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The Night the War Came to Almonte

Excitement was in the air as young soldiers filed aboard the waiting train at the station in Brandon, Manitoba. It was December 26th. The thirteen-coach troop train had left Red Deer, Alberta two days before, and already many of the coaches were full.

As one sardine said to the other, they pack us in like soldiers

William Parsons overheard as he made his way aboard. By the time the gear was stored, there was barely room to move, but nothing could dampen their spirits. For weeks, William had known he was going overseas. All the signs were there: visits to the Quartermasters stores for clothing issues (field dressings specifically) and new rounds of immunizations, before finally being told to pack and prepare to move.

And now here they were: on their way to Halifax. Smuggled booze appeared and card games began throughout the coaches, accompanied by singing and jokes. Travelling day and night, by the time they neared Almonte, they were exhausted.

Photograph of the troop train in the aftermath of the Almonte Train Wreck down the track away from Almonte, with men standing in the snow around the engine, 1942

The troop train in the aftermath of the accident – December 28, 1942


As the train rounded the curve into town, William can remember the sudden squealing of the brakes, the wild lurching of the train, and the sound of the crash. Anyone standing was thrown to the floor.

Rushing to Help

There was complete confusion in the coach as they rushed to the doors, only to realize the train had come to a halt on the bridge over the Mississippi River. William felt queasy as he looked down at the churning water 35 feet below, but he followed the others as they rushed along the narrow catwalk towards the engine. This feeling was mild compared to his first sight of the wreckage.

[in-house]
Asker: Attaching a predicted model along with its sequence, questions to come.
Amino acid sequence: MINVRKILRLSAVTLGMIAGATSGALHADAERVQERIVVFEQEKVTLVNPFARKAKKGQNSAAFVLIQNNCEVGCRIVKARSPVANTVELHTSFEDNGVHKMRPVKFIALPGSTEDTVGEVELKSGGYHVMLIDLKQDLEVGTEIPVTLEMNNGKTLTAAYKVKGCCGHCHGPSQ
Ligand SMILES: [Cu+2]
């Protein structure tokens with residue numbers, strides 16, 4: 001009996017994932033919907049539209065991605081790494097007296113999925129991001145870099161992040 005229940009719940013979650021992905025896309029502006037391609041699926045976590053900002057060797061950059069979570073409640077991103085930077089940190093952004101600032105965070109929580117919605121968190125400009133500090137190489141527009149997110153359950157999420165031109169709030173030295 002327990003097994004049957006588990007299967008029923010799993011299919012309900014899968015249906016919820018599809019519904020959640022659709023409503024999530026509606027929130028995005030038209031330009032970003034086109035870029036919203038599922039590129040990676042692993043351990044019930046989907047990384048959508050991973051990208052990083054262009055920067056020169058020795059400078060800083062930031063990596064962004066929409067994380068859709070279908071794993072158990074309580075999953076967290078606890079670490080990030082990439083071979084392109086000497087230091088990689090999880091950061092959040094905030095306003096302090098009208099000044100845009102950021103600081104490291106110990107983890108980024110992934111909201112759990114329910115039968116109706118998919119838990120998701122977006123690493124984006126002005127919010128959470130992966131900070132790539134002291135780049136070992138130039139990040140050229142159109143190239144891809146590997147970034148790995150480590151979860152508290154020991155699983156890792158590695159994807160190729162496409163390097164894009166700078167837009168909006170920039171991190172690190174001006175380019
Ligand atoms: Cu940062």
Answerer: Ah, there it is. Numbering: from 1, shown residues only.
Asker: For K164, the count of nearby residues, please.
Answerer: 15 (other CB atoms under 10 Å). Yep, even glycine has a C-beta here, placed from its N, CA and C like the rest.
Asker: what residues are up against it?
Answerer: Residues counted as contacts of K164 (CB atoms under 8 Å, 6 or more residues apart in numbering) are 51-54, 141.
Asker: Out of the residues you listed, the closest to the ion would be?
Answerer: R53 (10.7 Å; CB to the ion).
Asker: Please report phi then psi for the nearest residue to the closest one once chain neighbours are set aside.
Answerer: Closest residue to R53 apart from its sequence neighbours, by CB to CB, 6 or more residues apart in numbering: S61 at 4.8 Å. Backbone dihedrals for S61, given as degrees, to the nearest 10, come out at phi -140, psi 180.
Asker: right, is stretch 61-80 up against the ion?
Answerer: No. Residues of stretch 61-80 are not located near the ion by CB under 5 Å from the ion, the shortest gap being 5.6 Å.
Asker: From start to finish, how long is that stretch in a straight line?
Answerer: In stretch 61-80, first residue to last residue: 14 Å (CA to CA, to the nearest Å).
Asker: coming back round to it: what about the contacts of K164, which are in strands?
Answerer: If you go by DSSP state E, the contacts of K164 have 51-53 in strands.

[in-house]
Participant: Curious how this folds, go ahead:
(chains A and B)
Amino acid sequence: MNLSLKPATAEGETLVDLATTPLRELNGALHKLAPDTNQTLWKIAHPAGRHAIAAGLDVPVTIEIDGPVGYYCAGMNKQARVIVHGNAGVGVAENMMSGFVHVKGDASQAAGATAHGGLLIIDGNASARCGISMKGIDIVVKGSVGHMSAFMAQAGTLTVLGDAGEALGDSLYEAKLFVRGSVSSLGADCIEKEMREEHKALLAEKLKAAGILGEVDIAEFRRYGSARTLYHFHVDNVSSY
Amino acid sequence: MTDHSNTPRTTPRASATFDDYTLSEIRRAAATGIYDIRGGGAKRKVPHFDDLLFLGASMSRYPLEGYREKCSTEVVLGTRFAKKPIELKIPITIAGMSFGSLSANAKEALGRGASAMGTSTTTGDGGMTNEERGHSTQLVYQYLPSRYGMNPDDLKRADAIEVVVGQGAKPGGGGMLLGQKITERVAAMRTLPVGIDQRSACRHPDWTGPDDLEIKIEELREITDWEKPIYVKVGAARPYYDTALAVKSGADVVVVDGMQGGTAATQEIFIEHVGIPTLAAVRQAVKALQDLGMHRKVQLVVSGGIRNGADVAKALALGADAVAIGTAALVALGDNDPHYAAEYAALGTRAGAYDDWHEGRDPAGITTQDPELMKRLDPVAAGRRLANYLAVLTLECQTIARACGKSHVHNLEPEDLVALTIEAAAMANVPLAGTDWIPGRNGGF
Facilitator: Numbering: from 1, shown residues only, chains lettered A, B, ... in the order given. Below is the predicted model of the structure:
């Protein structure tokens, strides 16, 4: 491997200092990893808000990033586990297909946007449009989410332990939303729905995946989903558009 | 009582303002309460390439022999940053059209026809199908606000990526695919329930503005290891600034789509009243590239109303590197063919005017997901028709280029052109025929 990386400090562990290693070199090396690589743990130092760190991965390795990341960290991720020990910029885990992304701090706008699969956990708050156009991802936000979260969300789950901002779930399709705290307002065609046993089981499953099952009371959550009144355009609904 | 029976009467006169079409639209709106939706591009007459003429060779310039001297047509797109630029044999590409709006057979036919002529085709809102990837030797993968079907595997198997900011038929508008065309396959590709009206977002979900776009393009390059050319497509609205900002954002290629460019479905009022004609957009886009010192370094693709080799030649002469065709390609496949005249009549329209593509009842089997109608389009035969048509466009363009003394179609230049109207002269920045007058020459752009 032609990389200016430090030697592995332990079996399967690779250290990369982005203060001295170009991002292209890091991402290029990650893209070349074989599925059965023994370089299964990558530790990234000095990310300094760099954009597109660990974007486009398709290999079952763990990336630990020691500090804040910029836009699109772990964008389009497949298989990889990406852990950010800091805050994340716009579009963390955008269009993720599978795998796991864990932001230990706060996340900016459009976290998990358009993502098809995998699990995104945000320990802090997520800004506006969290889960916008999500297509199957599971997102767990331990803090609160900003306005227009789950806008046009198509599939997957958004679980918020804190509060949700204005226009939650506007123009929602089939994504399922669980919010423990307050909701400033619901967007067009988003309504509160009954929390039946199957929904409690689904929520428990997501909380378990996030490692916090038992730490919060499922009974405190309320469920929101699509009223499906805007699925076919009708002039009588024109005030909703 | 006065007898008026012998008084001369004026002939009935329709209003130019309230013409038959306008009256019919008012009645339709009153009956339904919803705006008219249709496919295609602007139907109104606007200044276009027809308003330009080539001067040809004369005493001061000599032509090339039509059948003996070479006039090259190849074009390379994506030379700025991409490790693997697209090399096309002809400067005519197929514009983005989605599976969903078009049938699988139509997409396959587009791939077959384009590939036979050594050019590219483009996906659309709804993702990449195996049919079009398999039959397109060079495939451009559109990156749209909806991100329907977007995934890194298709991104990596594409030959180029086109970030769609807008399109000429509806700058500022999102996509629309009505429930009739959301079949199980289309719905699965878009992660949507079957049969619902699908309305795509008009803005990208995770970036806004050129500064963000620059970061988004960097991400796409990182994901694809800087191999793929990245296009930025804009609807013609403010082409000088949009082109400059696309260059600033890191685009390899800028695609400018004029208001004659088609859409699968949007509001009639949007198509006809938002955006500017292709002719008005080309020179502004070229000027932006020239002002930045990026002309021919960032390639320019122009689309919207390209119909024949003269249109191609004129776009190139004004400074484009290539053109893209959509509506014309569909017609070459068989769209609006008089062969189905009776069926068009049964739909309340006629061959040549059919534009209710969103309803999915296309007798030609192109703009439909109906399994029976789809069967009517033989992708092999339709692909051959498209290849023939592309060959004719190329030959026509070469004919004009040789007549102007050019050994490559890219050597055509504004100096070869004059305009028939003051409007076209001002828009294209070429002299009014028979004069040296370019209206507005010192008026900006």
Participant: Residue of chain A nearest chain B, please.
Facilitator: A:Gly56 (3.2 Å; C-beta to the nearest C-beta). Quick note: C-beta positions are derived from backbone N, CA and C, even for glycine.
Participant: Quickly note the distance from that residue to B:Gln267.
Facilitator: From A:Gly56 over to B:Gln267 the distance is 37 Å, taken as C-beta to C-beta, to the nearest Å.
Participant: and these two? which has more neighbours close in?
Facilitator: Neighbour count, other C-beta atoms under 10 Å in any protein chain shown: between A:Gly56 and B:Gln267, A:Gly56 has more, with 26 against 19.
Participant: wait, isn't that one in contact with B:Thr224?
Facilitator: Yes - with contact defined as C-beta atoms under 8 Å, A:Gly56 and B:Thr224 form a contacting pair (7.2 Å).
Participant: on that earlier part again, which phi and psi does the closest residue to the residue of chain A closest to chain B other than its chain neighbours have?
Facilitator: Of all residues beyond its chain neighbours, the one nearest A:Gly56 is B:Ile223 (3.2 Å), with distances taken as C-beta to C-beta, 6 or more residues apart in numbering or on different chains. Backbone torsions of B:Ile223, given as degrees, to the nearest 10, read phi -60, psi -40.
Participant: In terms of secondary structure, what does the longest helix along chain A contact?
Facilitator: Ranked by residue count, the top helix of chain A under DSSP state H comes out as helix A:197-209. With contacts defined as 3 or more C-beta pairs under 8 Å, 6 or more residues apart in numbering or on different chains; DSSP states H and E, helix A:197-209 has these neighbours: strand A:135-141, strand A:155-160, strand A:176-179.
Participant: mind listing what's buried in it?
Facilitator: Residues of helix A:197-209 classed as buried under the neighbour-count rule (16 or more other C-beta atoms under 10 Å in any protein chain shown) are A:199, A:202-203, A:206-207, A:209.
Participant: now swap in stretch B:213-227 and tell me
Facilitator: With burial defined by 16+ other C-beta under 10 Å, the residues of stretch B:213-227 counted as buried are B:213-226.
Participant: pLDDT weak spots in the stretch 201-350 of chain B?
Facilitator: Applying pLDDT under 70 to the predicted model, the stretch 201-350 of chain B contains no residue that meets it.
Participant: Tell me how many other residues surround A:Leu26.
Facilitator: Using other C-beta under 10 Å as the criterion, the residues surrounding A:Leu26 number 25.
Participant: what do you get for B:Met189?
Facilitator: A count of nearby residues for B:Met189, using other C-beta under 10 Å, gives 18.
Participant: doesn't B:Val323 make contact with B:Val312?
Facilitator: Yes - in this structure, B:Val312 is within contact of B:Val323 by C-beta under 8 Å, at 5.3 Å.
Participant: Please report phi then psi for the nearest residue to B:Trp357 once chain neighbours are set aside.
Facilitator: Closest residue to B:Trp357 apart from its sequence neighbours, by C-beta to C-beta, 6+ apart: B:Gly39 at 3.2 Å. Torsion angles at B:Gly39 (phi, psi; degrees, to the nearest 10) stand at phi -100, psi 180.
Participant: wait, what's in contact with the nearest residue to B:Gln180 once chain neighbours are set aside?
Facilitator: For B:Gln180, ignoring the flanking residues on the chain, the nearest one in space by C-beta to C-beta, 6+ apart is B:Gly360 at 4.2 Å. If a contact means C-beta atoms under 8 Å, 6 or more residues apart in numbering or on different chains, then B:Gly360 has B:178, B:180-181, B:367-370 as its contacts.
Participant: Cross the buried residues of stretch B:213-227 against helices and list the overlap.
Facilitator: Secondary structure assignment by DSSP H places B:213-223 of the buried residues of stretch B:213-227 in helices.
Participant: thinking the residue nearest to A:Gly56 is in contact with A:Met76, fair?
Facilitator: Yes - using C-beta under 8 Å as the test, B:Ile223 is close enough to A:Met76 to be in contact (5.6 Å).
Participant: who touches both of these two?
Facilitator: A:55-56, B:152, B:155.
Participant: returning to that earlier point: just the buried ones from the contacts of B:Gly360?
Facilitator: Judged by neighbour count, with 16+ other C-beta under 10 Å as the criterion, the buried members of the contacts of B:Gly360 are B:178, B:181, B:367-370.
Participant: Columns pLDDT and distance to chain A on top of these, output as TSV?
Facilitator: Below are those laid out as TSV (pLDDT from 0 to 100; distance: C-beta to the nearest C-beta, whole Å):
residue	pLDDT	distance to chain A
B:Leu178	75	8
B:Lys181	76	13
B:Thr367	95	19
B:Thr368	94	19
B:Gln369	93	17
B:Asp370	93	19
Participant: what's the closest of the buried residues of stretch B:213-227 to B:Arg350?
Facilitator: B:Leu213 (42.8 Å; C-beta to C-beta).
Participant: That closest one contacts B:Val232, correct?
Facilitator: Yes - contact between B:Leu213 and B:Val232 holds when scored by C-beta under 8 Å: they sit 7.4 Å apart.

Debris was piled high. William knew there had to be many dead and injured, but there was no sound. An eerie silence hung in the air as snowflakes fell.

It is difficult to describe how I felt in that moment. I was an innocent twenty-year old just off the farm. I had never even seen a dead body. It was like being in the midst of a nightmare.

The soldiers leapt into action, working alongside the civilians for hours, putting their field dressings to good use.

A Soldier at the Ready

Soldier Vern Gordon was reporting for duty in Ottawa on Monday morning and had boarded the packed Ottawa Valley Local at Arnprior station earlier that night. There was standing room only in the fourth coach from the rear where Vern had managed to find a space and something to grasp to keep his balance. It didn’t seem to help at the station in Almonte, when he suddenly found himself in a tangle of bodies on the floor. After apologizing to those around him and finding his feet, he made his way off the train.

The wrecked Ottawa Valley Local train in Almonte in the aftermath of the train wreck with people standing around it, 1942

The wreckage in the aftermath of the train wreck – December 28, 1942

As he emerged, he remembers seeing a little girl’s skirt caught near the smoke stack of the steam engine, flapping in the wind, adding to the shocking scene of debris.

He had his first aid kit in his bag and did what he could to help. Among the injured, he recognized a tall, well-dressed man who had squeezed past him earlier that night in Arnprior, making his way to the third coach from the rear. A piece of shattered wood from the coach was driven through his ankle. It was about 18 inches long and impossible to remove. Vern wrapped it with his last bandage in hopes it would stop the bleeding. He needed to get him to the hospital, but no ambulances had arrived on the scene yet. That’s when Vern noticed there were a few cars parked near the station. One had keys in it. After loading the car with injured passengers, he took them to a triage unit being set up in the curling rink. Cots and piles of blankets were already set up when he arrived.

In Thanks of Service

William and Vern were just two of the soldiers who rushed to help that night. Two others from the troop train were awarded British Empire Medals for their actions. Sergeant John Wesley Gillespie provided first aid to the injured and supervised rescue parties, despite being injured himself. Private Frederick Robert Whitta provided first aid and aided doctors in major operations throughout the night, despite having no medical experience.